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Breakthrough Institute climate sceptics – Ted Nordhaus and Michael Shellenberger – ‘bright, shiny objects to some journalists’.

The New Denial Is Delay at the Breakthrough Institute, How ecomodernism’s attempt to revolutionize environmentalism became a tragic slide into techno-hype lobbying and endless bickering with “Big Green” The DisInformation Chronicle 5 May 21,

In 2004, Ted Nordhaus and Michael Shellenberger, the founders of a scrappy Bay Area think tank called the Breakthrough Institute, shot to prominence when they published “The Death of Environmentalism,” an essay that argued the environmental movement had failed……….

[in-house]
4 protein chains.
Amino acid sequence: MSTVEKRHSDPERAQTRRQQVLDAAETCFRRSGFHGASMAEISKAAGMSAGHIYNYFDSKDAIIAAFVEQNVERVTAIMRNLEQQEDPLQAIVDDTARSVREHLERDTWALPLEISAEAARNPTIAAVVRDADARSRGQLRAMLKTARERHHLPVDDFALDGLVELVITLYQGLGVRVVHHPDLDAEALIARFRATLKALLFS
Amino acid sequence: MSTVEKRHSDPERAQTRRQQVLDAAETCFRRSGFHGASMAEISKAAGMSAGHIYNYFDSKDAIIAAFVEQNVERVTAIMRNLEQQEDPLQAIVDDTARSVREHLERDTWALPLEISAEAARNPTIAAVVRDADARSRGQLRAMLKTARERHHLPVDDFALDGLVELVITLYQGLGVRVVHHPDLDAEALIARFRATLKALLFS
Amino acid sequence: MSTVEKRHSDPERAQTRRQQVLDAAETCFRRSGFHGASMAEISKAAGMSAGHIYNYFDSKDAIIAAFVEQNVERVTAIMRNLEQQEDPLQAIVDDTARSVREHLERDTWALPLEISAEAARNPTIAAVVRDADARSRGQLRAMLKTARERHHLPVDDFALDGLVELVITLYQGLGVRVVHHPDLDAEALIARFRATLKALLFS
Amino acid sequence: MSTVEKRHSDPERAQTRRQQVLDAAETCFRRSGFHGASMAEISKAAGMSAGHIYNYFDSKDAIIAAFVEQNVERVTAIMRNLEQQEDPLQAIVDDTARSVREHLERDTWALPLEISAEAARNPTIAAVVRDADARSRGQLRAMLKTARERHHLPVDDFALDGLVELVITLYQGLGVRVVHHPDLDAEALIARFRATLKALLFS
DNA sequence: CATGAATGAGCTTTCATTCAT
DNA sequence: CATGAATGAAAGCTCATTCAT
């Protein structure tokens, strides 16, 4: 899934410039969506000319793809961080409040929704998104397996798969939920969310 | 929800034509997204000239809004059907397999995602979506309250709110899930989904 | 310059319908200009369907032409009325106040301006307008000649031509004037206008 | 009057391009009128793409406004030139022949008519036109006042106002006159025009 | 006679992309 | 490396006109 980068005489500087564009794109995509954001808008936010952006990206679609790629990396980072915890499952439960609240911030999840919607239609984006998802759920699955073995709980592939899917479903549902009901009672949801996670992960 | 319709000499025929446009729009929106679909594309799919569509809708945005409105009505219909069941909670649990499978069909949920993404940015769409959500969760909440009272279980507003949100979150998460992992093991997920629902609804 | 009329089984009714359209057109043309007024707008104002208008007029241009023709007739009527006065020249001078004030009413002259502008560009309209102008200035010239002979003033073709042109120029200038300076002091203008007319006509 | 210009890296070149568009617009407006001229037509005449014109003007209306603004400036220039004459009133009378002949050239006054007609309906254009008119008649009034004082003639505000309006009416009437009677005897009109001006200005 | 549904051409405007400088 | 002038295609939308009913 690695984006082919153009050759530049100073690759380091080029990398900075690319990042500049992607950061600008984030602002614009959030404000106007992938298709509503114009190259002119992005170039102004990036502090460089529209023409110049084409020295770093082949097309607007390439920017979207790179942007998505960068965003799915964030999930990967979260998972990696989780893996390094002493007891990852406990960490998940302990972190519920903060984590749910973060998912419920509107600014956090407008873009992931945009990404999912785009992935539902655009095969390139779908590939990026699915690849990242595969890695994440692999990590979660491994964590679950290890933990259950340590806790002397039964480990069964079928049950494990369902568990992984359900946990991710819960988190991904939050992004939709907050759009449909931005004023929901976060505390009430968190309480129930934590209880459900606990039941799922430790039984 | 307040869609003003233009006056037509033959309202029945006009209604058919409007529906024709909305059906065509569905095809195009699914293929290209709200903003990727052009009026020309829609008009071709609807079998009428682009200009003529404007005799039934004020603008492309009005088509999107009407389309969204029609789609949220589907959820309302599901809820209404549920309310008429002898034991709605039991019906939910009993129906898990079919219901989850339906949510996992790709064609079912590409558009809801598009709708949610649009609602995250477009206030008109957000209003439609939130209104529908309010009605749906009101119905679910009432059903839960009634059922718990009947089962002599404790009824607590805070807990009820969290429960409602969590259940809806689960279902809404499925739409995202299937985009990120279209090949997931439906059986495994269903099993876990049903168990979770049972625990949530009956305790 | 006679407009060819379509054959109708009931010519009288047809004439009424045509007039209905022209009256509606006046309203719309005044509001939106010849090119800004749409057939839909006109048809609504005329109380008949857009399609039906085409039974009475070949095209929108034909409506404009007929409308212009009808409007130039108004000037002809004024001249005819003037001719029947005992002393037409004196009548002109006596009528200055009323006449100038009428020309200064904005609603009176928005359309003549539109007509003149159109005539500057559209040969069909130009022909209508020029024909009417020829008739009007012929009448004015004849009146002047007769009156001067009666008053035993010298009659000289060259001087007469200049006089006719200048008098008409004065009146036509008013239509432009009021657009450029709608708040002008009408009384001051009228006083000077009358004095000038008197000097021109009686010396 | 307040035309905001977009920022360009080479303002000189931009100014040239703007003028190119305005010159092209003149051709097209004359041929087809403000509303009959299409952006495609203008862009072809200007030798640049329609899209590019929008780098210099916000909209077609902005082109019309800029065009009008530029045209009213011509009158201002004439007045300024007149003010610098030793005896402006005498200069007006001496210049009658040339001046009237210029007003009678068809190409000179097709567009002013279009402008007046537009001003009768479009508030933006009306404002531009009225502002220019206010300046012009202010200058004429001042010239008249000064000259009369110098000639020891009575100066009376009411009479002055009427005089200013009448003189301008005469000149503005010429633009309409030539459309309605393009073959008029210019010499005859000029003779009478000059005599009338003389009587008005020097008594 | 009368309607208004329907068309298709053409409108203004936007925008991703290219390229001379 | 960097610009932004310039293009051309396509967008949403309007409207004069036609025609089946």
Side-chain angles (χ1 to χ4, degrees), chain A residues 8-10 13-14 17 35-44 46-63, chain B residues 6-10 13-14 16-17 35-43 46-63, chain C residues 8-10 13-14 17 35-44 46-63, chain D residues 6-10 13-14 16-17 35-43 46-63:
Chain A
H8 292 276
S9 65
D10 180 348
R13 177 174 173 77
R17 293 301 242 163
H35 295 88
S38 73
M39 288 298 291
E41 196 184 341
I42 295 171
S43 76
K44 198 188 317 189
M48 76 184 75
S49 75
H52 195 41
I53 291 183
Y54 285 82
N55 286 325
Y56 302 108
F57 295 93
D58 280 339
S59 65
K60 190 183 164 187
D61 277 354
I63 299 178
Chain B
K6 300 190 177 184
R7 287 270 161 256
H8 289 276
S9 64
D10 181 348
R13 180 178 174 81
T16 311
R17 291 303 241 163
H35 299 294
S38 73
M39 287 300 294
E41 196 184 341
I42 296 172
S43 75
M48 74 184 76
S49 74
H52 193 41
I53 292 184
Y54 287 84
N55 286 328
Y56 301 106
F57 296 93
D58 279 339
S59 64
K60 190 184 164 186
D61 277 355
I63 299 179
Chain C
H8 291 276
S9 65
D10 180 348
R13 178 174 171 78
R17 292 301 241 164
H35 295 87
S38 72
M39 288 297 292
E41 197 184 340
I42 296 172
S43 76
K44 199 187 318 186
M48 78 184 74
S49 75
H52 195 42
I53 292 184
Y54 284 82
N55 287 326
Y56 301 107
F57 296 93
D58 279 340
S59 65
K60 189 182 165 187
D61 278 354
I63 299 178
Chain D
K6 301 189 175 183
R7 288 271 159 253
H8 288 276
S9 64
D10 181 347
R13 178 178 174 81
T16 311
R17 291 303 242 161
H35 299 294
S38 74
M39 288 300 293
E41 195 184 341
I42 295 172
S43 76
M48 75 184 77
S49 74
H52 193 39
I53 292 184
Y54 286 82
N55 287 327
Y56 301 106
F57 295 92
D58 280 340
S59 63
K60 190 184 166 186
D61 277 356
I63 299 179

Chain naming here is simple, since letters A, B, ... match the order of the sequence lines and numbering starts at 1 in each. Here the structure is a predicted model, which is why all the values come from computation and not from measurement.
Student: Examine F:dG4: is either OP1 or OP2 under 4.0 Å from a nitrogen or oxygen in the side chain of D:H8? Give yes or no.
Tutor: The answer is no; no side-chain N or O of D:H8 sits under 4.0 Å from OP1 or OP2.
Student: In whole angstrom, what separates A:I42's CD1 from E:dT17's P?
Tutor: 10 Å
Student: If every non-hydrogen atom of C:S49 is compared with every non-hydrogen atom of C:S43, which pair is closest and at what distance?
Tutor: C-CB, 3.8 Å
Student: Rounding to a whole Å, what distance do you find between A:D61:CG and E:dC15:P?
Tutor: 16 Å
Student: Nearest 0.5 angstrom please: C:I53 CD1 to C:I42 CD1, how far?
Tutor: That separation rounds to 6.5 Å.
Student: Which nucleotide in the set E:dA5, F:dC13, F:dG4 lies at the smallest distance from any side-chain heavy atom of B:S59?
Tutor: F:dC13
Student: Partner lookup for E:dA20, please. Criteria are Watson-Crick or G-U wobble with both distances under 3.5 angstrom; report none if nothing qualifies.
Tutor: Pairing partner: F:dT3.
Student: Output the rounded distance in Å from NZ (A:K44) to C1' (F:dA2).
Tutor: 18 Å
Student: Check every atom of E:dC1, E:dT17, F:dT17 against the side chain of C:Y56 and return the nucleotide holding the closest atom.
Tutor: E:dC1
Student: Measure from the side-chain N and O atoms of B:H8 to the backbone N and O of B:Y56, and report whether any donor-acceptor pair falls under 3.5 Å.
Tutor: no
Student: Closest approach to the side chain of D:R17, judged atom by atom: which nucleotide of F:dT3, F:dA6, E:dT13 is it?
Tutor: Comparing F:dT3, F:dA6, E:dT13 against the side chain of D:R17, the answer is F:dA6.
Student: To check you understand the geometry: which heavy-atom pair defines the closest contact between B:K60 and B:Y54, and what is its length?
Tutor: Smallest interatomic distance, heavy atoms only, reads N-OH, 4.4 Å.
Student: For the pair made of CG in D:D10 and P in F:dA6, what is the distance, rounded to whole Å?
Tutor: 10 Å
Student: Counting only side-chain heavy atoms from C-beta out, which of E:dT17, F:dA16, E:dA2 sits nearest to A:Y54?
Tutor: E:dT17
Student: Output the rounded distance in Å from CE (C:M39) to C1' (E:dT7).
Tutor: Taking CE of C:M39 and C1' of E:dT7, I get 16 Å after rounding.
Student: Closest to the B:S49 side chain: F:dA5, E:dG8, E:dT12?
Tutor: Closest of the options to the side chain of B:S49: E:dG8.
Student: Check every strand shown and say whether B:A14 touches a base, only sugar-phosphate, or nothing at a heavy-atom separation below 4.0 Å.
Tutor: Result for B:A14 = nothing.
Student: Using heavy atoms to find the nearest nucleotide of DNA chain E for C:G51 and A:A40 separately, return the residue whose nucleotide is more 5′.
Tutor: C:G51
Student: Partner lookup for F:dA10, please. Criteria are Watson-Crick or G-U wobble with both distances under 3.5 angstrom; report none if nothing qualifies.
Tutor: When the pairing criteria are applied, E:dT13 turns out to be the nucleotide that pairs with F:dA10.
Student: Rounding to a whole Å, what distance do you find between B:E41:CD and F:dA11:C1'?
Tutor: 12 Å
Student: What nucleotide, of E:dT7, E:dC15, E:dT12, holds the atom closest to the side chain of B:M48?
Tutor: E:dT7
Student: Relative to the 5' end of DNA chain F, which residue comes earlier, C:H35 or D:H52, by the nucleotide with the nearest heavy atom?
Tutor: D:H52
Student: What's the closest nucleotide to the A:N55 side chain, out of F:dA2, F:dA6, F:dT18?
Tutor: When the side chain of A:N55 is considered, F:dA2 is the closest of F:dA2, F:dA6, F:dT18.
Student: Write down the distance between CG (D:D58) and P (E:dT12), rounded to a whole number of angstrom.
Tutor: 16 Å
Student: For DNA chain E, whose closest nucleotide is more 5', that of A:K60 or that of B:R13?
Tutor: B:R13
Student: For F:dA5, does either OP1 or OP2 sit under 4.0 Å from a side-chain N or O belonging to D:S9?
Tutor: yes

Because they ….. defined themselves against climate science deniers, they found a sympathetic audience among mainstream intellectuals……….

But it turns out they weren’t so different from run-of-the-mill climate skeptics after all……
Breakthrough’s antics and loose relationship with facts have caused most environmental groups and climate change experts to give them the cold shoulder.

“They had this idea of molding environmentalism to attract conservatives and what actually happened was they turned into conservatives themselves—writing for Forbes, Quillete, National Review, and the Wall Street Journal,” said Sam Bliss a graduate student in environmental economics at the University of Vermont. Along with research professor Giorgos Kallis, Bliss published a study in the Journal of Political Ecology that documents the Breakthrough Institute’s promotion of a strange idea called ecomodernism. Bliss describes it as a tragic tale, where Nordhaus and Shellenberger turn into exactly who they didn’t want to be: conservative lobbyists for techno-fixes who engage in endless battles with environmentalists.